Significance to Queer Art History: This sculpture was a commemoration of freedwomen Fonteia Helena and Fonteia Eleusis. The figures placement together signifies an important relationship in life. It is argued that the two women were lovers or even married due to their position as one that was also commonly given to heterosexual married couples in funerary reliefs. The sculpture was modified a few centuries later by an unknown person in attempt to modify the left figure’s appearance to appear as a male figure by cutting off her hair.

Resources & Further Reading:

“Relief.” British Museum. Accessed July 25, 2017. http://www.britishmuseum.org/research/collection_online/collection_object_details/collection_image_gallery.aspx?assetId=391042001&objectId=394264&partId=1.

Brooten, Bernadette J. Love Between Women: Early Christian Responses to Female Homoeroticism. 1998. 58-59.

Hans Baldung Grien- Witches’ Orgy (1514)

Hans Baldung Grien- Witches’ Orgy (1514)

Hans Baldung Grien was a pupil of Albrecht Durer in the early 1500’s. He lived in Germany along with Durer during this time. He is not rumored to have been queer, but was interested in showing women’s (specifically women rumored to be witches) “unnatural lusts” toward one another in this time.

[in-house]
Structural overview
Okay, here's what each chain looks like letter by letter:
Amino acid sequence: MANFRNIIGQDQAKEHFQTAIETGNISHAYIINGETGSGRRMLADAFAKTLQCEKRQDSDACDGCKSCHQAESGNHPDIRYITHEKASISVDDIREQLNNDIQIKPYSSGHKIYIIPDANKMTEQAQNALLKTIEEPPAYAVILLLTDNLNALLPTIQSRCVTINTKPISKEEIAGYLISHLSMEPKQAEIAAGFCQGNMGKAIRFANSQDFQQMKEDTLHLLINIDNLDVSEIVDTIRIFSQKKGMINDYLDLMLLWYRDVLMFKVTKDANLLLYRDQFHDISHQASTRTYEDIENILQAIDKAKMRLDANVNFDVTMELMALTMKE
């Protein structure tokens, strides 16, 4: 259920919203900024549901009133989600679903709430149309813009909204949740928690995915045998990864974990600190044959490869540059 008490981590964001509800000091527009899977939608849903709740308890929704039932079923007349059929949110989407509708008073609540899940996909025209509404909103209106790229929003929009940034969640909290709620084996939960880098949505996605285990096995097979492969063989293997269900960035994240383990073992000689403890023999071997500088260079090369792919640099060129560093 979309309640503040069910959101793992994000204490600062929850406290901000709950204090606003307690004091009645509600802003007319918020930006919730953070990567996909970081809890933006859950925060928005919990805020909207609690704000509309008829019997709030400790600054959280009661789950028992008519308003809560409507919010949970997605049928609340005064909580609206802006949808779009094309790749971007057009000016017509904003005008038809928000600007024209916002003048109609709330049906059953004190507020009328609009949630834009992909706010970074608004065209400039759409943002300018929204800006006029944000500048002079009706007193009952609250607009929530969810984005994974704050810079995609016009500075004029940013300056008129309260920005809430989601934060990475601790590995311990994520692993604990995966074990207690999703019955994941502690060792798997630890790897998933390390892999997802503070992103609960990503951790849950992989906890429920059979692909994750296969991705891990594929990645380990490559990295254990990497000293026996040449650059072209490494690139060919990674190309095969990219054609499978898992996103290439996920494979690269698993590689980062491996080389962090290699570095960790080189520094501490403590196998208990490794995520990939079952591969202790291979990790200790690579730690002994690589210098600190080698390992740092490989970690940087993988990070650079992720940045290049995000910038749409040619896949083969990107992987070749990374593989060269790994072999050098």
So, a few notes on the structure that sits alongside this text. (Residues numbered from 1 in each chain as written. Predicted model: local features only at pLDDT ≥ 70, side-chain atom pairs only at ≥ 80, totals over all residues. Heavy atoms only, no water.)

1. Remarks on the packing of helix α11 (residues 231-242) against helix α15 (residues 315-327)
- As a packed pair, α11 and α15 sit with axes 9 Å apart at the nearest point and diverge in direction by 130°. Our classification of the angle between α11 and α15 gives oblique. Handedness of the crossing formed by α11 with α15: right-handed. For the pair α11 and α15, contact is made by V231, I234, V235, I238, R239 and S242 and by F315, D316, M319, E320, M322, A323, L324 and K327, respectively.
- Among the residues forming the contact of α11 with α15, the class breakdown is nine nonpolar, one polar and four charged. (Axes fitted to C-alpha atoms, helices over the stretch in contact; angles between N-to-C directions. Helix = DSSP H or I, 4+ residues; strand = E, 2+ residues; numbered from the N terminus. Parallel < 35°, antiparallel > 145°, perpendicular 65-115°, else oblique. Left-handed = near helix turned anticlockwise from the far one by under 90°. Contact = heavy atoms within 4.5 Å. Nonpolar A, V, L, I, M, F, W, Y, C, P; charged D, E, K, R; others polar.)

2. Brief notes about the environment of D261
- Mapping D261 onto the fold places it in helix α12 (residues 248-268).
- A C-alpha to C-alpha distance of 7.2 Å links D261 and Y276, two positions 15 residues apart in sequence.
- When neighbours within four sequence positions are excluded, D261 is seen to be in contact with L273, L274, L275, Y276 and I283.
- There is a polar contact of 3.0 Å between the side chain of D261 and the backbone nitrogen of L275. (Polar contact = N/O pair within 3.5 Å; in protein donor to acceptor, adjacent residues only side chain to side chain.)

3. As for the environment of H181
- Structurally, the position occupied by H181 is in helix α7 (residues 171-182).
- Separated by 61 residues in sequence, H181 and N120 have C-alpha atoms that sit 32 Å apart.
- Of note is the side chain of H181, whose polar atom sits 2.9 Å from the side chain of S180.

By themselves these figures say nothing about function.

Featured artwork: Witches’ Orgy

Date and Location: 1514, Germany

Media: Pen and Ink

Significance to Queer Art History:

During this time, women (mostly spinsters and widows) who were supposed “witches” were prosecuted heavily in Northern Europe. This lead to a spread of artwork and literature on witchcraft. Connecting to witchcraft was lesbianism, which was a supposed interaction of their “unnatural lusts” and “sex with the devil”. This was a reflection of society’s fear of masculine and independent women.

Grien’s Witches Orgy is exemplarily of the lusts and interactions of witches among each other in their gatherings and orgies. While no phalluses or broomstick shapes are found in the imagery as one would see in modern  and playful imagery of “witches”,  physical power play is shown over one another in the position of the figures climbing over one another.

Resources & Further Reading:

Saslow, James M. Pictures and Passions: A History of Homosexuality in the Visual Arts. New York, NY: Viking, 2000. 92-95.

Smalls, James. “Female Homosexuality in the Visual Arts.” In Homosexuality in Art. New York: Confidential Concepts, 2015.

 

Albrecht Dürer (1471-1528)

Albrecht Dürer (1471-1528)

Albrecht Dürer was a printmaker and painter from Nuremberg Germany. His prints are considered prolific to the German Renaissance. Dürer worked and traveled to Italy much during his studies of visual arts and spent time with a lifelong and rumored intimate partner, Willibald Prickheimer, a German lawyer and humanist author. This intimacy was documented through letters that also discussed Durer’s dual lust for German girls and soldiers. Dürer even created a charcoal portrait of Prickheimer with a quite blatant Greek quotation that roughly translates to: “With the cock in your asshole”

Featured Artwork: The Bath House

Date and location: 1496 in Germany

Media: Woodcut Print

Where can I see this artwork?:  The Metropolitan Museum of Art in New York City (not currently on view)

Significance to Queer Art History: